In this article, we take a look at four little computers that will change your desktop and the way you look at the desktop PC.
The modern-day desktop is still roughly unchanged from the beige chassis that people built Intel Pentium III-based computers into, complete with the Turbo button that did nothing most of the time. Even though the processes by which we make these marvels of technology are so sufficiently advanced to call them “magic”, we’re still building them into chassis that mostly conform to the ATX form factor.
Simply put, we’re not moving to smaller form factors at the same rate as the amount of money, time and energy we’re putting in them to make them better, faster and more efficient. Its only in the last two years that ITX computers have gained any sort of traction and all-in-one desktops are still not as ubiquitous as one would like, despite the success of Apple’s iMac desktops.
There are some computers, though, that are breaking convention and today they’re offering the performance of the modern ATX-sized desktop in a chassis that is more than ten times smaller. We walk you through four of them.
|Mini PC||Rebel Tech||Wootware||Ikonix||Sybaritic||Prophecy|
|Sapphire Edge VS8||3861||3276||4499||4007||4006|
|Intel NUC DC3217IYE||3866||3957||3648||3760|
|Intel NUC DC3217IBY||4349||4256||4596|
Apple Mac Mini
- R6,600 from ZA Store
Apple’s Mac Mini was a revolution as far as the world was concerned when Apple revealed it first in 2005. It was bulky, but it shrunk the space required for a desktop computer considerably. Eight years later, the latest Mac Mini is the smallest and most desirable yet.
Powered by an Intel Core i5 dual-core processor with Intel HD4000 graphics, 4GB of RAM and a 500GB hard drive, it’s enough to fool anyone into thinking that they’re working on a regular iMac. Although its pricing at R6600 is good, it still lacks solid state storage.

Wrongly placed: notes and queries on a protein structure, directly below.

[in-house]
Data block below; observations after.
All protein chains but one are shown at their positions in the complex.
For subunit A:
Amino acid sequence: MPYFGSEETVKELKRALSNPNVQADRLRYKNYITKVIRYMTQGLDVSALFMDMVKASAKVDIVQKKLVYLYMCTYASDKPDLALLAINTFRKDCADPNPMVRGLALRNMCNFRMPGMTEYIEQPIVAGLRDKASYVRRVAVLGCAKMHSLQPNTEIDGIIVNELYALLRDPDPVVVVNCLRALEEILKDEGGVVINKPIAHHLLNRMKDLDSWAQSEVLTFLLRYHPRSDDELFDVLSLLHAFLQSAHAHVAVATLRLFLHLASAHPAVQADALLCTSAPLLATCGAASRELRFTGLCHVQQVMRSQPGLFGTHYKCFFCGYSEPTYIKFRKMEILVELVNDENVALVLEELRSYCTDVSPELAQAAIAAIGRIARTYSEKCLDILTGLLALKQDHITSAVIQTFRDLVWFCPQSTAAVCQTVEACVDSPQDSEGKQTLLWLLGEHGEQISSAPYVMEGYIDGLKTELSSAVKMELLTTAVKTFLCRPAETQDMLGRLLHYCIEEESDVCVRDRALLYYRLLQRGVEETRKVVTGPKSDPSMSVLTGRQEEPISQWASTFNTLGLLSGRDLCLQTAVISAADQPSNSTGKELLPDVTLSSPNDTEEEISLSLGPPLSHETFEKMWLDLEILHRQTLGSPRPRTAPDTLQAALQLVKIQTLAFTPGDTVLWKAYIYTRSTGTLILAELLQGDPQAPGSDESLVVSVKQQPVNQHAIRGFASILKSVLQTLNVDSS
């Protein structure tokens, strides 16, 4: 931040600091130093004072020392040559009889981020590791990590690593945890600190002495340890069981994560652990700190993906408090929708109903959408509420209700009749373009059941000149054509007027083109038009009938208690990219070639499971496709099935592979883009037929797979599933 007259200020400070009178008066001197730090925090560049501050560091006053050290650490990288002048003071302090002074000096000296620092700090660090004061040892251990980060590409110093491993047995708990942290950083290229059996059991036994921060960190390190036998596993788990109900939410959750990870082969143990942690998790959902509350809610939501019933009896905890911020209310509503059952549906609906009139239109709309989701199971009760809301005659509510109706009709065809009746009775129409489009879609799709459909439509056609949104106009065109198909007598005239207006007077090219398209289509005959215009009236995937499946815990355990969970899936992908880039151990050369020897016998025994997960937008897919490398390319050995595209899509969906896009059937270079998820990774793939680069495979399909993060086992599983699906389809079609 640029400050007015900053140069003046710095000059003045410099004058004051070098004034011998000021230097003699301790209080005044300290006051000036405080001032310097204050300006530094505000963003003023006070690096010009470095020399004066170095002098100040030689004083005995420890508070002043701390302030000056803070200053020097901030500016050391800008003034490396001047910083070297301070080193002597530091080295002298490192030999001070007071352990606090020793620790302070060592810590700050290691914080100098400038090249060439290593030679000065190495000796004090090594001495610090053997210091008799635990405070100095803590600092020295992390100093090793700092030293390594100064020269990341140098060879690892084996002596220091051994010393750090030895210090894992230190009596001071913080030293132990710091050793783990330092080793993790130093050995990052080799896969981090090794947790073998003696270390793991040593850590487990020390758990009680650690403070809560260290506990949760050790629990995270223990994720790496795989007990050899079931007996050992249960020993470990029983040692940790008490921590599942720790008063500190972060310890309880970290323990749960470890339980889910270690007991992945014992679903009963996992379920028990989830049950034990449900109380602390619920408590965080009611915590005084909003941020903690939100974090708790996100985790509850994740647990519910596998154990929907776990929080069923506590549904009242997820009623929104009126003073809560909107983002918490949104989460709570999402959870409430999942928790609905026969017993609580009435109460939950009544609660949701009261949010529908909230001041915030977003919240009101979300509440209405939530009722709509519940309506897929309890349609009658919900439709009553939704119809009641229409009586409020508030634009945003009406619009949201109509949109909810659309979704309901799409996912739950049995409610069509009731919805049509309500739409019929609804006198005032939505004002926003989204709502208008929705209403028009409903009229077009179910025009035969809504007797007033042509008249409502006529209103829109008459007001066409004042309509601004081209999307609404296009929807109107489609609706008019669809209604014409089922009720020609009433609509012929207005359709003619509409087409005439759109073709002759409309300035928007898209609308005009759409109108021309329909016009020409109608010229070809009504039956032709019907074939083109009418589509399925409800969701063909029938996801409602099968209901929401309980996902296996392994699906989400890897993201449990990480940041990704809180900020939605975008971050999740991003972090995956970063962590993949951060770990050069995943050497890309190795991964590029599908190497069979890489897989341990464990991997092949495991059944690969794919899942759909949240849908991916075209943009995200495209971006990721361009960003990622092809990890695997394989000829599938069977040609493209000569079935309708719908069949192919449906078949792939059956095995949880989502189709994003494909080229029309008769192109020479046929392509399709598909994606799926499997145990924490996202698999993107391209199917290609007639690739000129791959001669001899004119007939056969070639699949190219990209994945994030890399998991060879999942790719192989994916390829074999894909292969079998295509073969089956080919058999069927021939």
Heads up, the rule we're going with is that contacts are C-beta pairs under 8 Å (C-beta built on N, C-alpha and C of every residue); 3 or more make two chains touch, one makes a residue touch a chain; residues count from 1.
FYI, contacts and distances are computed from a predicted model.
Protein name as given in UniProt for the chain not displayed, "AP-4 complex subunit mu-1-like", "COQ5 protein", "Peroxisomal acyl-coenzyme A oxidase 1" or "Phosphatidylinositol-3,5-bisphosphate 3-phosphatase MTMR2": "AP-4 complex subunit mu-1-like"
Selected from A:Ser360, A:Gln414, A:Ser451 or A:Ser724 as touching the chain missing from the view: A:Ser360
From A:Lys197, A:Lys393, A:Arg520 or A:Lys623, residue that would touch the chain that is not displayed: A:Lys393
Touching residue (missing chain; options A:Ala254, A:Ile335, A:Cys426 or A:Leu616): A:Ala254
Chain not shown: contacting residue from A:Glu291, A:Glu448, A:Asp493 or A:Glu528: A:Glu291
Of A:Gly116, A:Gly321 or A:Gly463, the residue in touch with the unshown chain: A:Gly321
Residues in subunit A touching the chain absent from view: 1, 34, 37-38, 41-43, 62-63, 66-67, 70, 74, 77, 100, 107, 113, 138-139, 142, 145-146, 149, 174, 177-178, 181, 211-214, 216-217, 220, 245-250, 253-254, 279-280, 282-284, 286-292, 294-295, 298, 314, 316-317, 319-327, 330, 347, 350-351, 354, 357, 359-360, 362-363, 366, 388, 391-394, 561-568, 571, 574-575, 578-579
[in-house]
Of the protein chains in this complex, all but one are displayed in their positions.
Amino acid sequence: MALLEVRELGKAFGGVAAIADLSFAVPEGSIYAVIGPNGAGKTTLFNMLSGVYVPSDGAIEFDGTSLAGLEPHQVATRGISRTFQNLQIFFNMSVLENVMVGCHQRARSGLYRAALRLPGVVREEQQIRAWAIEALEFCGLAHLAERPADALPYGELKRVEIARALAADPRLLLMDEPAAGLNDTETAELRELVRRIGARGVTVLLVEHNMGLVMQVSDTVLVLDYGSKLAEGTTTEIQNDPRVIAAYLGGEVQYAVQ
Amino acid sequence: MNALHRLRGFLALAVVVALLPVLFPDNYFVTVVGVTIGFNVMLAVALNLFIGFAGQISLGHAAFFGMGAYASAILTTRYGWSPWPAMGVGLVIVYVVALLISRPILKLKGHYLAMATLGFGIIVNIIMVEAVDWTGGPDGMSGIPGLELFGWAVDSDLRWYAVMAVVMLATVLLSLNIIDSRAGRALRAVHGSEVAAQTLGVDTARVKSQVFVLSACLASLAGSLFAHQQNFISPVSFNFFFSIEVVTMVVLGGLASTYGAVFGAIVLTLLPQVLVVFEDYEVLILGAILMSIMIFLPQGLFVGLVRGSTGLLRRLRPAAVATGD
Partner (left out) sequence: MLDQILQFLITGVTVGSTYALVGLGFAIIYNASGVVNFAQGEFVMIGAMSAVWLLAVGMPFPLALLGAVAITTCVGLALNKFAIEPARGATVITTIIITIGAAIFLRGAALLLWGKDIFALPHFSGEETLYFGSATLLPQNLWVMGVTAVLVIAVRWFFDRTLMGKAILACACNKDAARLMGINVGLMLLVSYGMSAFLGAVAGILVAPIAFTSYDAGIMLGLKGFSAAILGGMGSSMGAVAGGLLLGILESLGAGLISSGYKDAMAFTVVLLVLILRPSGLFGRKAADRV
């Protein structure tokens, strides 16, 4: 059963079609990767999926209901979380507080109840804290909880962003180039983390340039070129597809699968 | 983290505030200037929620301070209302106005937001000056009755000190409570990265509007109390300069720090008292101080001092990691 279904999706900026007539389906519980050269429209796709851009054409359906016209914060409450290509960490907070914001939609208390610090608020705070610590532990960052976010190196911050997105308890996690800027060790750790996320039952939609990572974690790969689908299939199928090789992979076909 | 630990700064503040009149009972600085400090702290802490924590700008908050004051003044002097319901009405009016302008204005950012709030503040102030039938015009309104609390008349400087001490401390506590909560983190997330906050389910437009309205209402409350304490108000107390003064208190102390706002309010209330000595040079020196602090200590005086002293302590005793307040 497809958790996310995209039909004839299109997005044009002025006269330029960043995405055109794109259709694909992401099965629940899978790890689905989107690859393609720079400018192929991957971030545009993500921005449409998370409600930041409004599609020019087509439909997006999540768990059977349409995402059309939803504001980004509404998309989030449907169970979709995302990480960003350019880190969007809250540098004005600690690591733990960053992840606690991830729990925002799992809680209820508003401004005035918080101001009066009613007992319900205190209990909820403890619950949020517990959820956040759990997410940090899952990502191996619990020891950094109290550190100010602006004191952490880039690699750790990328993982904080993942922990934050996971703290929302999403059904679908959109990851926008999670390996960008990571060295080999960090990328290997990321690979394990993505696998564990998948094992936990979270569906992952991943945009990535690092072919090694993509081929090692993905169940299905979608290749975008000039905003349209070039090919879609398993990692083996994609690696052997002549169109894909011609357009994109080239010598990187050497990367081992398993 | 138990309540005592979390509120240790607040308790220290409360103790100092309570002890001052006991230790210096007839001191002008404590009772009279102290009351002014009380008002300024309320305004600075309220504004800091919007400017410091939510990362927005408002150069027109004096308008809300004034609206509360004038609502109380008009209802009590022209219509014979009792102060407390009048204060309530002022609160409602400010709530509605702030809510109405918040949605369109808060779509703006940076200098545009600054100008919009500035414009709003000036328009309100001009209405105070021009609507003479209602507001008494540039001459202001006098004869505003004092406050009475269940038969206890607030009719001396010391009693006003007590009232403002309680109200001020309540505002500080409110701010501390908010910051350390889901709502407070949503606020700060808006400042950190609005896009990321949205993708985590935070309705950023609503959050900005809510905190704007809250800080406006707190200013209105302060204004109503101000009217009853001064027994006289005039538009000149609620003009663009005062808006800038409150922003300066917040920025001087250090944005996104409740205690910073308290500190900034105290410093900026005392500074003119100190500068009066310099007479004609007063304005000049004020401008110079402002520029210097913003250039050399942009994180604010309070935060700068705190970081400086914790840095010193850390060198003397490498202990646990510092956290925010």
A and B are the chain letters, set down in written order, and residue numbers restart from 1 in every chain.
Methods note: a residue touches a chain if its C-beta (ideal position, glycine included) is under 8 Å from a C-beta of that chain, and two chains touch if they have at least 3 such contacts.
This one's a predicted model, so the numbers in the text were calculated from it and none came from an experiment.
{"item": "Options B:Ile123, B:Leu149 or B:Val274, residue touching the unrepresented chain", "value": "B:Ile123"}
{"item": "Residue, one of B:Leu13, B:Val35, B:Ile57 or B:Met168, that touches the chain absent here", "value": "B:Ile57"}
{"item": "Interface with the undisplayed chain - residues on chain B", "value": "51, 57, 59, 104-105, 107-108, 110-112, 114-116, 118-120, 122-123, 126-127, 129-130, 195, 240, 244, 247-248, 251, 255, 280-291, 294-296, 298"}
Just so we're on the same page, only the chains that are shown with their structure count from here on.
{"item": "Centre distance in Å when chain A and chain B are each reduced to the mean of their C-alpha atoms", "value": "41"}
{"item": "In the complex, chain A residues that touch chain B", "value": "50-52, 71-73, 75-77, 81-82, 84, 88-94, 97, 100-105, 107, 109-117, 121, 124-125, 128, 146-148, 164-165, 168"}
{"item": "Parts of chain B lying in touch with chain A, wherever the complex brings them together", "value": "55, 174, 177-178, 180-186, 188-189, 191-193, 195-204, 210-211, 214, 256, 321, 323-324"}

Apple ditched the DVD drive back in 2012, saying the world had to move on from optical media. Although adding a USB DVD drive is possible, when last did you use a disc on a Apple computer?
Sapphire Edge VS8
- Sapphire Edge VS8 ± R3,930
Sapphire has been making small PCs for a while but they never really caught on. They were either based on the Intel Atom, which was disturbingly slow, or they had an AMD Brazos dual-core processor, which was limited by storage speeds and a slow memory controller.
The new Edge VS8 is equipped with AMD’s quad-core A8-4355M running at 1.6GHz and an integrated Radeon HD7600G graphics processor. Not only is it tiny enough to call it cute, it also can play most games nicely so long as you reduce settings accordingly.
Sadly this little critter comes without any memory, hard drive storage or an OS. Adding in 4GB of RAM, a 120GB SSD and Windows 8 can set you back another R2,500, more or less, so its pretty much on the same level as the Mac Mini. But it’s completely silent!
Intel Next Unit of Computing (NUC)
- Intel NUC DC3217IYE ± R3808
- Intel NUC DC3217IBY ± R4400
It looks like we’re just shrinking the PCs as we go along and the third stop is the Intel NUC. Its completely different from anything else we’ve seen so far. While NUC is still something Intel is dabbling with, it has opened up the reference designs and the standard to other manufacturers.
It comes in two versions and the more expensive one sports Thunderbolt, three USB 2.0 ports, HDMI and an optional built-in wireless card. The cheaper variant swaps out Thunderbolt for another HDMI port and an Ethernet port. Both also pack in a dual-core Intel Core i3-3217U, which is enough CPU power for most things that the average desktop user may do.
As with the Sapphire Edge, this also needs memory, a mSATA SSD and an operating system, typically adding another R3000 onto the final cost. However, the NUC is a little different because not only can it run Windows, but there’s a large community online who have loaded Apple’s OS X on it with little effort. The ability to run Linux on it goes without saying.
Raspberry Pi Mini-Computer
- From R300 through RS Components
This should be familiar to MyGaming readers, but not everyone sees how amazing this versatile, credit card-sized computer is. Not only is it a development board on the cheap, complete with full-on breakout ports, but it can also run a Linux operating system. It even uses HDMI and an old-school RCA port, keeping the theme of making it accessible to anyone who wants one.
People have deployed these things to automate their homes, others use it as an internet router and some even use it as part of a super computer. The fact that this is available for just R300 and just needs a SD card to function is beyond awesome.
The Raspberry company’s dream is that people use the Pi not just as a computer, but as a tool to learn things like programming and hardware development. The Pi may not rival your gaming desktop any time soon, but the fact that it does so much with so little is incredible.